CITY HALL — The mayor joined community leaders and other prominent politicians Monday in cheering a new state law that would automatically expunge the police records of youths arrested but not convicted of non-violent crimes.
Citing how an arrest report can disqualify a person for a job, a school or college, as well as grants, loans and housing, Mayor Rahm Emanuel said a minor can commit "a single mistake ... and then doors begin to close rather than open."
If Gov. Pat Quinn signs the bill into law, as expected, then starting next year arrests would automatically be expunged for offenses that are not Class 2 felonies or sexual in nature if there is no petition for delinquency filed and if six months pass without another arrest.
According to Anna Travis of the Mikva Challenge activist agency, 21,000 minors were arrested in 2013 in Cook County, but only 400 went through the existing legal process of having their arrests expunged. She called that process "expensive, confusing and time-consuming."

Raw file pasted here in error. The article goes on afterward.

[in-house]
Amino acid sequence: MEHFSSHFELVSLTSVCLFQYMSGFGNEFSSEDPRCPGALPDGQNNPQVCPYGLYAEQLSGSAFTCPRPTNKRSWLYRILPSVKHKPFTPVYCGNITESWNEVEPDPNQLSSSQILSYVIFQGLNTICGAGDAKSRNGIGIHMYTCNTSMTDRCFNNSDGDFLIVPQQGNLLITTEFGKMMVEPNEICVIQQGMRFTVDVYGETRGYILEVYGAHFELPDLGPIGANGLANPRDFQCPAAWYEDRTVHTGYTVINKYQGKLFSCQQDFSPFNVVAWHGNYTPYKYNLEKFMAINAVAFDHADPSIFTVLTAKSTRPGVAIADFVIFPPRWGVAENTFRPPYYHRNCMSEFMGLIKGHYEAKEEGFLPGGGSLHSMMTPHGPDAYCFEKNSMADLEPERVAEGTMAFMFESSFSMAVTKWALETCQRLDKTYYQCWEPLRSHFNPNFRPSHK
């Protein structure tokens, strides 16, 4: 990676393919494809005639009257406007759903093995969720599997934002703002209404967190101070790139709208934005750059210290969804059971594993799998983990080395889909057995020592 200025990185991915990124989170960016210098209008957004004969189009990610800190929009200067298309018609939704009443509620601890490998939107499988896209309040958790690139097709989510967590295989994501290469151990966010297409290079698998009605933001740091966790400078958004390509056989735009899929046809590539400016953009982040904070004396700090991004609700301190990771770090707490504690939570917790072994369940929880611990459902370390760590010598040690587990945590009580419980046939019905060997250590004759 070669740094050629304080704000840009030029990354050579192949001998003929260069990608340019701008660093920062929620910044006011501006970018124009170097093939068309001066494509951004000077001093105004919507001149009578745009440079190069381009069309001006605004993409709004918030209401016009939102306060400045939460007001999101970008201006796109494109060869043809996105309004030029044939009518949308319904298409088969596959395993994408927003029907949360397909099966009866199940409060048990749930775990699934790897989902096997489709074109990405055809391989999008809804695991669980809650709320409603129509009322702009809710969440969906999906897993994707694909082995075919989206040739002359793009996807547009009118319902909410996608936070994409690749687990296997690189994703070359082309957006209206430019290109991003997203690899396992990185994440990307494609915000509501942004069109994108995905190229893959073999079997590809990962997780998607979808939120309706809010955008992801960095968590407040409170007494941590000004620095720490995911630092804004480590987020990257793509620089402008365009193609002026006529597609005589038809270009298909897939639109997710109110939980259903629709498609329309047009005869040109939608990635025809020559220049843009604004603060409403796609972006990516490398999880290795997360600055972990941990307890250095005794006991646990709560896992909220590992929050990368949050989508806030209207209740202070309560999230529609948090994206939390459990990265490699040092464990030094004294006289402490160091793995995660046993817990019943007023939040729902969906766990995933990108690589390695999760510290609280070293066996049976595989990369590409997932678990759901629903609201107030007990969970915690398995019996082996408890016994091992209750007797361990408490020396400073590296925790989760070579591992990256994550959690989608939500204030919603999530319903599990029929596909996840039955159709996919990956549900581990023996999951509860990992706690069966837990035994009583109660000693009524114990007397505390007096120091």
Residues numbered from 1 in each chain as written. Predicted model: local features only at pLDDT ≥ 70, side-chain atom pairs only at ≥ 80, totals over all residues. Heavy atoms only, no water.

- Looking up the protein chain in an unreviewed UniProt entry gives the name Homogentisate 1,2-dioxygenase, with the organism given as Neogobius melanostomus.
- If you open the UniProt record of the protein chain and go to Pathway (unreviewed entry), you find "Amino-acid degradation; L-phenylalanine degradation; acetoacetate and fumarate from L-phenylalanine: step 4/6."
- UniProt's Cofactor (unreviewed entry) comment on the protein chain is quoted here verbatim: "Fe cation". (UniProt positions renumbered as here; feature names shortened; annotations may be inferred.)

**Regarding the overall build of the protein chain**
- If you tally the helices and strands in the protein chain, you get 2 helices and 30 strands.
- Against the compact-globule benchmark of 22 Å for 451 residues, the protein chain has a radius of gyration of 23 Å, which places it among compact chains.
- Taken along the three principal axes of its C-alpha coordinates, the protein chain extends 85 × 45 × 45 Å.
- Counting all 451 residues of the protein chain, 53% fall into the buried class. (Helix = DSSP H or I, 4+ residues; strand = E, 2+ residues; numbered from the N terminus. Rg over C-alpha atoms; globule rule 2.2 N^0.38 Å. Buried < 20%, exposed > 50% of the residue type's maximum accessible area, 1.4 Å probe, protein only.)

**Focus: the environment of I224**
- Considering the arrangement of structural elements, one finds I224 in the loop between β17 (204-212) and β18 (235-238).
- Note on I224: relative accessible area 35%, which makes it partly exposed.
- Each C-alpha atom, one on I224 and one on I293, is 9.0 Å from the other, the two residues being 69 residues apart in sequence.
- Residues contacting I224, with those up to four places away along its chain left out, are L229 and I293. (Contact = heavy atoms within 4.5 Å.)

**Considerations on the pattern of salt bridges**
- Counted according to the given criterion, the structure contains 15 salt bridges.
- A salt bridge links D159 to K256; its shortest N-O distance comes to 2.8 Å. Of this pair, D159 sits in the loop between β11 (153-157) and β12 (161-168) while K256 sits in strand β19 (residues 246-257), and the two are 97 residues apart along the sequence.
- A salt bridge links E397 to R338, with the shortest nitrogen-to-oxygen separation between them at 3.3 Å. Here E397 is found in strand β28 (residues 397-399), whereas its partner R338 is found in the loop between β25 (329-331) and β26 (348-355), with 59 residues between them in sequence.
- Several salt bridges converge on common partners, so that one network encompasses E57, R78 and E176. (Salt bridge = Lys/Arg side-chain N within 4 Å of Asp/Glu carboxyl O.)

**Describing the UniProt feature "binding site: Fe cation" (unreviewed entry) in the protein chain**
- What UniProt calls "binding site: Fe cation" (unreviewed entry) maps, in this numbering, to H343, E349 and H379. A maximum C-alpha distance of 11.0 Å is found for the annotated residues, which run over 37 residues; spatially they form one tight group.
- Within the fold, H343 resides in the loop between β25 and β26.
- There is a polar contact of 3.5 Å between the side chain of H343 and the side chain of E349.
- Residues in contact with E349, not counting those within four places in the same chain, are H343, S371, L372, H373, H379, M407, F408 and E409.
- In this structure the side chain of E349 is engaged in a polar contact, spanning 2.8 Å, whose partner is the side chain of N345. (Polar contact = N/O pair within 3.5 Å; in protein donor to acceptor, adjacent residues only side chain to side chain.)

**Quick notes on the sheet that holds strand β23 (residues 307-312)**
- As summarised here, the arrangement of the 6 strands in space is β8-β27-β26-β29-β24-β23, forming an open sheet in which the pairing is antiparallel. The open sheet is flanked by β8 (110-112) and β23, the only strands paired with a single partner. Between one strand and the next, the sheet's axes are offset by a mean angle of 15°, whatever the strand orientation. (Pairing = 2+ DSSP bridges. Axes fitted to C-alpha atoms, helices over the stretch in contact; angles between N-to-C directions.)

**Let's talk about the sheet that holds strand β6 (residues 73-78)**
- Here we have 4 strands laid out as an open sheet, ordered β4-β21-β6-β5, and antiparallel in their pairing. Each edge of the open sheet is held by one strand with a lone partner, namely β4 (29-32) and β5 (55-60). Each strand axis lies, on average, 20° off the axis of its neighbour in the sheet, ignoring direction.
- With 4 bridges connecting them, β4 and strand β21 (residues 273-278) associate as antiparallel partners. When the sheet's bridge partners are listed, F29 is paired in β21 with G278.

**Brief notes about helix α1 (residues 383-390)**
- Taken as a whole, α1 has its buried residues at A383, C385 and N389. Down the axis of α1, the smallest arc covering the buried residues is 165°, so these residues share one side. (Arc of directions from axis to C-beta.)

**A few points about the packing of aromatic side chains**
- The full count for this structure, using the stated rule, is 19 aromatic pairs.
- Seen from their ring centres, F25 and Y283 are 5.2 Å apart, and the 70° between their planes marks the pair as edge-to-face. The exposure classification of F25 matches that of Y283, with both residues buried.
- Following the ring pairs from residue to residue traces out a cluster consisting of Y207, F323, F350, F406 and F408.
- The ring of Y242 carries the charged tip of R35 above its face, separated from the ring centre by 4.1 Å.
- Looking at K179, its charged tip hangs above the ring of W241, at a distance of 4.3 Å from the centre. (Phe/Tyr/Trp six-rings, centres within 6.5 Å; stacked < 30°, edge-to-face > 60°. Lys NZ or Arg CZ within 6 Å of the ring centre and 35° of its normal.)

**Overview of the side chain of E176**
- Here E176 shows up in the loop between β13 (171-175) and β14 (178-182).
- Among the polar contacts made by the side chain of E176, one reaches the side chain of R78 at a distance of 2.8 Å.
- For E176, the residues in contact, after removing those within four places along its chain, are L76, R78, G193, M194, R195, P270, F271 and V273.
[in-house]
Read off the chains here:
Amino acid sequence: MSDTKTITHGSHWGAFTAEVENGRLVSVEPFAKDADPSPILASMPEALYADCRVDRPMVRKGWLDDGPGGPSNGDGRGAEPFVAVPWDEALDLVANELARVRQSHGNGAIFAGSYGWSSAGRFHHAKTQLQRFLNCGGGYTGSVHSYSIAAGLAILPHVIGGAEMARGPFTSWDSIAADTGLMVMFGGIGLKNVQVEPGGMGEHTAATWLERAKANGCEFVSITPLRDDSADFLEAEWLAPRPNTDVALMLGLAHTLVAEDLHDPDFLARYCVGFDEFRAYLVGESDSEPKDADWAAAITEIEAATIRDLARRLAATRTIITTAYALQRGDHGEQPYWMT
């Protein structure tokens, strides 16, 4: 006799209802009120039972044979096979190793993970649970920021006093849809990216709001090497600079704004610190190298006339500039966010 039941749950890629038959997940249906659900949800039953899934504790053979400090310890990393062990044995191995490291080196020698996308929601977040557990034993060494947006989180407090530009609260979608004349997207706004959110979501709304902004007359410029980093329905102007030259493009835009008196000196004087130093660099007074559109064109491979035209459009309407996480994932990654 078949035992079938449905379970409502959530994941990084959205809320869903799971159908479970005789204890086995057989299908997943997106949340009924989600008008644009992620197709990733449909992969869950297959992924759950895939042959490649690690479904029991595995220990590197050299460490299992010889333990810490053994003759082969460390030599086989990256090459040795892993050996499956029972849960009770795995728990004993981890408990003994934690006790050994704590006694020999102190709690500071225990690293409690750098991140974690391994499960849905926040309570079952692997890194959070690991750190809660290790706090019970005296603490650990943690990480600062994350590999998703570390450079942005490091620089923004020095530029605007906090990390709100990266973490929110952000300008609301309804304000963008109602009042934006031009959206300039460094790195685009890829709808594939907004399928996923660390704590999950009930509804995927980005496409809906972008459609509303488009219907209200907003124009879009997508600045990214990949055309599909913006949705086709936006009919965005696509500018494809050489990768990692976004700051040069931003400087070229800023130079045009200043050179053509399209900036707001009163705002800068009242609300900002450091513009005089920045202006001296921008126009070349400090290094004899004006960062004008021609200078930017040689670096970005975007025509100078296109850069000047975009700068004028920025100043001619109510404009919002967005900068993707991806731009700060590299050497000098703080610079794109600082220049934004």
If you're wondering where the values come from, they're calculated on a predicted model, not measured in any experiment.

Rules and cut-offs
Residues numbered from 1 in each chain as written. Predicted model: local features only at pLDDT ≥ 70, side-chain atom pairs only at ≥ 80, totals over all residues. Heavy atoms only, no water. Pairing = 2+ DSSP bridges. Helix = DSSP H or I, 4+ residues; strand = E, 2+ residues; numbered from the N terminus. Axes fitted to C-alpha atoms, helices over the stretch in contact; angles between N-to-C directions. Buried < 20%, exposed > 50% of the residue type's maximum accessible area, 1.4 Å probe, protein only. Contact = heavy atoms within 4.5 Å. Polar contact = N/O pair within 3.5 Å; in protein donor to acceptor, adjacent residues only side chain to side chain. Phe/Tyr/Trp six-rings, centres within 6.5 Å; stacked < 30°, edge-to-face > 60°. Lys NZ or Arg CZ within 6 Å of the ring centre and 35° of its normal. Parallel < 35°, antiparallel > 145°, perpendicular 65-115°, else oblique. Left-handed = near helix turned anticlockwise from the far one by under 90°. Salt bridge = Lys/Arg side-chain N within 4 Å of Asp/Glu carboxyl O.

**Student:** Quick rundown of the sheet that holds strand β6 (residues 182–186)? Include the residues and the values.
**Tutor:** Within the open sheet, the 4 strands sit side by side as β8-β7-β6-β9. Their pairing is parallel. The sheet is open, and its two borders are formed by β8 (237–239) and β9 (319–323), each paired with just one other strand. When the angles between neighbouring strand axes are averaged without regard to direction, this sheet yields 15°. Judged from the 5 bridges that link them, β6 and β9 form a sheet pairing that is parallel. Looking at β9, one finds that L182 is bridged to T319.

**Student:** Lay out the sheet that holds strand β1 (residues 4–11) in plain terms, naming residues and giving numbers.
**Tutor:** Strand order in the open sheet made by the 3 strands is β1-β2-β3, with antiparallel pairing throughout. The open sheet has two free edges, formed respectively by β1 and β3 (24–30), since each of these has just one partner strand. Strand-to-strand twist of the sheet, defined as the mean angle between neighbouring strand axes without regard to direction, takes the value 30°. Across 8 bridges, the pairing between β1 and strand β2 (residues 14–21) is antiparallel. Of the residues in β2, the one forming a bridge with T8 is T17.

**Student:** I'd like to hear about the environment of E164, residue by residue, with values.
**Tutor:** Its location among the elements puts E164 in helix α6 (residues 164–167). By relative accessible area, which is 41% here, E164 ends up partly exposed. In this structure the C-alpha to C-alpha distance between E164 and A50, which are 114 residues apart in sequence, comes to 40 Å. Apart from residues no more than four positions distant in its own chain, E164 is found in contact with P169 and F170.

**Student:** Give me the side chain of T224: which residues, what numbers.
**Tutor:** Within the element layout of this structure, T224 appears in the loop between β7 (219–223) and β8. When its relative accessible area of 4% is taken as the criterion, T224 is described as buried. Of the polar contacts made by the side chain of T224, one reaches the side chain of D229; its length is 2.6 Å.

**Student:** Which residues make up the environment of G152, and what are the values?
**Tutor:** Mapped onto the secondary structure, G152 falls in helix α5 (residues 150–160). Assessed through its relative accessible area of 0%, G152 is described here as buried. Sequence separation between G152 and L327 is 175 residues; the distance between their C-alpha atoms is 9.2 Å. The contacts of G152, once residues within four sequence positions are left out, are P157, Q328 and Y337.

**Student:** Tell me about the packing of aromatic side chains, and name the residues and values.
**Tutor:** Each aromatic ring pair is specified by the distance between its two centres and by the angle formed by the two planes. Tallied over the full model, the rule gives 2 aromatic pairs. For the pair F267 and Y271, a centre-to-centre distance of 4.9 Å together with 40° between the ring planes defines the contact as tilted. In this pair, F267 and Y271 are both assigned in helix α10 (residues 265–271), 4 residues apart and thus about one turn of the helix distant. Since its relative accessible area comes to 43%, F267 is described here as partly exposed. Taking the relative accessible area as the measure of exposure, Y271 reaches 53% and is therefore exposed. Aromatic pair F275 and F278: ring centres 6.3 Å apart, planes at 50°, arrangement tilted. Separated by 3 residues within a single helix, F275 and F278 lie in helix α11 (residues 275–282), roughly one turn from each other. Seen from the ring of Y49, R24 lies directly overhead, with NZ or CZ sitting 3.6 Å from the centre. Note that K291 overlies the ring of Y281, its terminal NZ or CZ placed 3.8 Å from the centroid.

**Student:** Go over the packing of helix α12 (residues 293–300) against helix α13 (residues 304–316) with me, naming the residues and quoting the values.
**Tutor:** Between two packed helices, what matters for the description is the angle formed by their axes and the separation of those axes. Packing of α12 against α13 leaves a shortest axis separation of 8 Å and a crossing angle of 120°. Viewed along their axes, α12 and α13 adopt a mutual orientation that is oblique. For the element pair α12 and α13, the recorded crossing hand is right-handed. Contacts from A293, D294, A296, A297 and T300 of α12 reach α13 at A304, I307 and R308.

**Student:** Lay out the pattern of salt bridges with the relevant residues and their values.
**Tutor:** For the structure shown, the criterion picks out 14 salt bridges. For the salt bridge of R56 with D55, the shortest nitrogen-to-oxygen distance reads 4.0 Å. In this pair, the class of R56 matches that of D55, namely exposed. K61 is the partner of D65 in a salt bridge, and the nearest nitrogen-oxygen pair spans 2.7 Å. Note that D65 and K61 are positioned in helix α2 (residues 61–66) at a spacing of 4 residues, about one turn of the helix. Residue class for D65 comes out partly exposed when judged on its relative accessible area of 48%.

Emanuel estimated that 16,000 could have had their records expunged — and now will have their records expunged automatically in years to come, adding that the old system only taught youths "how to hire a lawyer."
Calling it "common sense," Emanuel said, "This expungement has a real impact. We don't really want to start young kids on a life of crime, or potential crime, when we can give them another chance."
U.S. Rep. Danny Davis (D-Chicago) called the law's passage "a tremendous accomplishment" and applauded sponsors state Sen. Kwame Raoul (D-Chicago) and state Rep. Arthur Turner (D-Chicago).
"What expungement means is it didn't happen," Raoul said.
Turner said marking "this great piece of legislation" is the next step, noting that beginning next year juvenile offenders can check the Illinois State Police access and review website to make sure their arrests qualify and are actually expunged.
Turner said it would "really give juveniles a second chance and an opportunity to be a productive part of society."
Emanuel dismissed the suggestion that his support for the legislation was only meant to appeal to minority voters.
"This is the right thing to do," he said. "If it was popular, somebody else would have done it. This [legislation] actually was dormant for years. ... Nobody for political reasons wanted to touch that."